by Cole Pepper
For every team, success is not the same. In 2013, its doubtful that a 6-10 season would be viewed as a success for many fans of the Denver Broncos or the San Francisco 49ers. But I believe that is the minimum requirement for success for the 2013 Jaguars. However, there is more to it.
Why? First, let’s agree (begin to nod your head now) that success and improvement are two different things. I know that Gus Bradley has talked about improving every day as his credo, but if the Jaguars win one more game this year than last, will you think its a successful season? I won’t.
Two years ago, the Jaguars won five games and most of the local media (myself included) assumed that through the off-season moves and the expected improvement of Blaine Gabbert that the Jaguars could contend for a wildcard spot. And, in fact, early on in training camp, it looked like everything was on track. There was a real “feel good” vibe with the team. But it didn’t last.
Now with the franchise’s third head coach in three years, once again, that “feel good” vibe is starting to build around EverBank Field. That’s as it should be in the off-season. If there is an NFL team that doesn’t feel like they have improved right now, they’re in big trouble.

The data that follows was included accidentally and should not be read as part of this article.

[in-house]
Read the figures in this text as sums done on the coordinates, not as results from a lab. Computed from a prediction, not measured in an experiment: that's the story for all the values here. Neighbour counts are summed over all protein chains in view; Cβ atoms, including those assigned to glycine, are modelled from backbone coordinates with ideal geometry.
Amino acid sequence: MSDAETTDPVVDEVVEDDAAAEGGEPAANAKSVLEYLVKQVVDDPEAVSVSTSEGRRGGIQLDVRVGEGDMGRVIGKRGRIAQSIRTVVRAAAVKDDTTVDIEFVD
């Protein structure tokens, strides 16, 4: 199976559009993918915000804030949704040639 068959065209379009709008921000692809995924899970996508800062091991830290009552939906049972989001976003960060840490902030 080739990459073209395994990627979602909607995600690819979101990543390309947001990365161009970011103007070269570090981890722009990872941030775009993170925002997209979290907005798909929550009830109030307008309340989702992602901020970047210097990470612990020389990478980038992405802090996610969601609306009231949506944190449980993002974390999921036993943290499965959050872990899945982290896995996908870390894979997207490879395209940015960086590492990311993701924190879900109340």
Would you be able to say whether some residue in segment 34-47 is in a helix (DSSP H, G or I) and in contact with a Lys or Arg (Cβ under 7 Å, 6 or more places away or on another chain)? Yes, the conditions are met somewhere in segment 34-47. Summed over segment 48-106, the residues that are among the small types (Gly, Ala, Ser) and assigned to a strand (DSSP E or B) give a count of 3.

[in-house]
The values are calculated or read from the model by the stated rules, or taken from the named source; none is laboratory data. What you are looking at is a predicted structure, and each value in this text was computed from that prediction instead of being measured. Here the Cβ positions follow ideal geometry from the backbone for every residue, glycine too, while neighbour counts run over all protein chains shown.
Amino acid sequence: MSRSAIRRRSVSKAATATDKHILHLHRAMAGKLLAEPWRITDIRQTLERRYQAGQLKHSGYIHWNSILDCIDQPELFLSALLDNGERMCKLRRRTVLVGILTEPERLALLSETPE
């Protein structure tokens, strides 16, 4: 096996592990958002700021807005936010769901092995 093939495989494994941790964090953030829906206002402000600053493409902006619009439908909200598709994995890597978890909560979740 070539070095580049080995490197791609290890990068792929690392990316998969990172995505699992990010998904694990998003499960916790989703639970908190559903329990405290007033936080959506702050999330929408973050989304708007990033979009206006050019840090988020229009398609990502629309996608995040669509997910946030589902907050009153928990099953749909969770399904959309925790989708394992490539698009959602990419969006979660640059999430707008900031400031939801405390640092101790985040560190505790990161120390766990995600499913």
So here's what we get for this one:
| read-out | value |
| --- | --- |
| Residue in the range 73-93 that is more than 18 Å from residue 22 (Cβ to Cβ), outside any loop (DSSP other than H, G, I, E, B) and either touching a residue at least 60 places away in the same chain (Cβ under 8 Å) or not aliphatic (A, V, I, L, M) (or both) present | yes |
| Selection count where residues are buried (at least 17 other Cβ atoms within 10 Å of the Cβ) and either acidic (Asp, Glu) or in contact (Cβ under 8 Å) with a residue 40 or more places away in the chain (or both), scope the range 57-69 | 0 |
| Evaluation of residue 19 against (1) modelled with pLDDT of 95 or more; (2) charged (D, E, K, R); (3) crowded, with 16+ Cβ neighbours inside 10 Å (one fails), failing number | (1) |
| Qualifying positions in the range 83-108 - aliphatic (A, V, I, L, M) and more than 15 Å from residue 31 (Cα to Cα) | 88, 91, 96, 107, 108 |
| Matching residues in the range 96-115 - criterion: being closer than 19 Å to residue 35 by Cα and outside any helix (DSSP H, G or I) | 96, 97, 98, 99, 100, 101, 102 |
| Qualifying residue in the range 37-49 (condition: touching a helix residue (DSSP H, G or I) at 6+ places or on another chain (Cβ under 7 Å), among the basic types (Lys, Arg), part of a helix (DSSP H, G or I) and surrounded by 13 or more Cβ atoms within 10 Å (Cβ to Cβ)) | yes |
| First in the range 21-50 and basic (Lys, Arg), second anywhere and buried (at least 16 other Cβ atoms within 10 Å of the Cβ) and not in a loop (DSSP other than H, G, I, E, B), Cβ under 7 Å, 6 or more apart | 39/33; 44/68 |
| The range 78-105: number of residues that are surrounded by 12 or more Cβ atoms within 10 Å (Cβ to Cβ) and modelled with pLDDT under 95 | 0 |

So back to the question about success. Can the Jaguars have a season that is considered successful without quantifying it with wins? Yes, but it will be hard to sell to fans if the team is picking in the top three again next year (although, the opportunity to select a top quarterback or Jedeveon Clowney might make Jaguar nation feel a bit better about it).
A six win season would not give the Jaguars optimum drafting position, but it would mean that the quarterback position would have shown growth. Whether that’s Gabbert or Chad Henne, that remains to be seen. Just as an aside, I expect that Gabbert will be the starter on opening day, but I’m not ready to bet the farm on that.
However, if Gabbert falters and Henne doesn’t show any more than he has to this point as a Jaguar, Dave Caldwell will be in the position to draft a potential franchise quarterback and will have a need for one.
And that’s when the clock starts ticking on the new regime. As soon as you draft your quarterback, you are on the clock as a GM. Ask Shack Harris. Ask Gene Smith. Ask the guys who drafted any of the unsuccessful top 15-pick quarterback over the past 20 years. Get the right guy and you win. You win, and you keep your job. It’s a simple formula.
What is success for the Jaguars in 2013? Ultimately, that will be judged on opening day 2014 when, one way or another, they should be able to answer this simple question: Who is your franchise quarterback.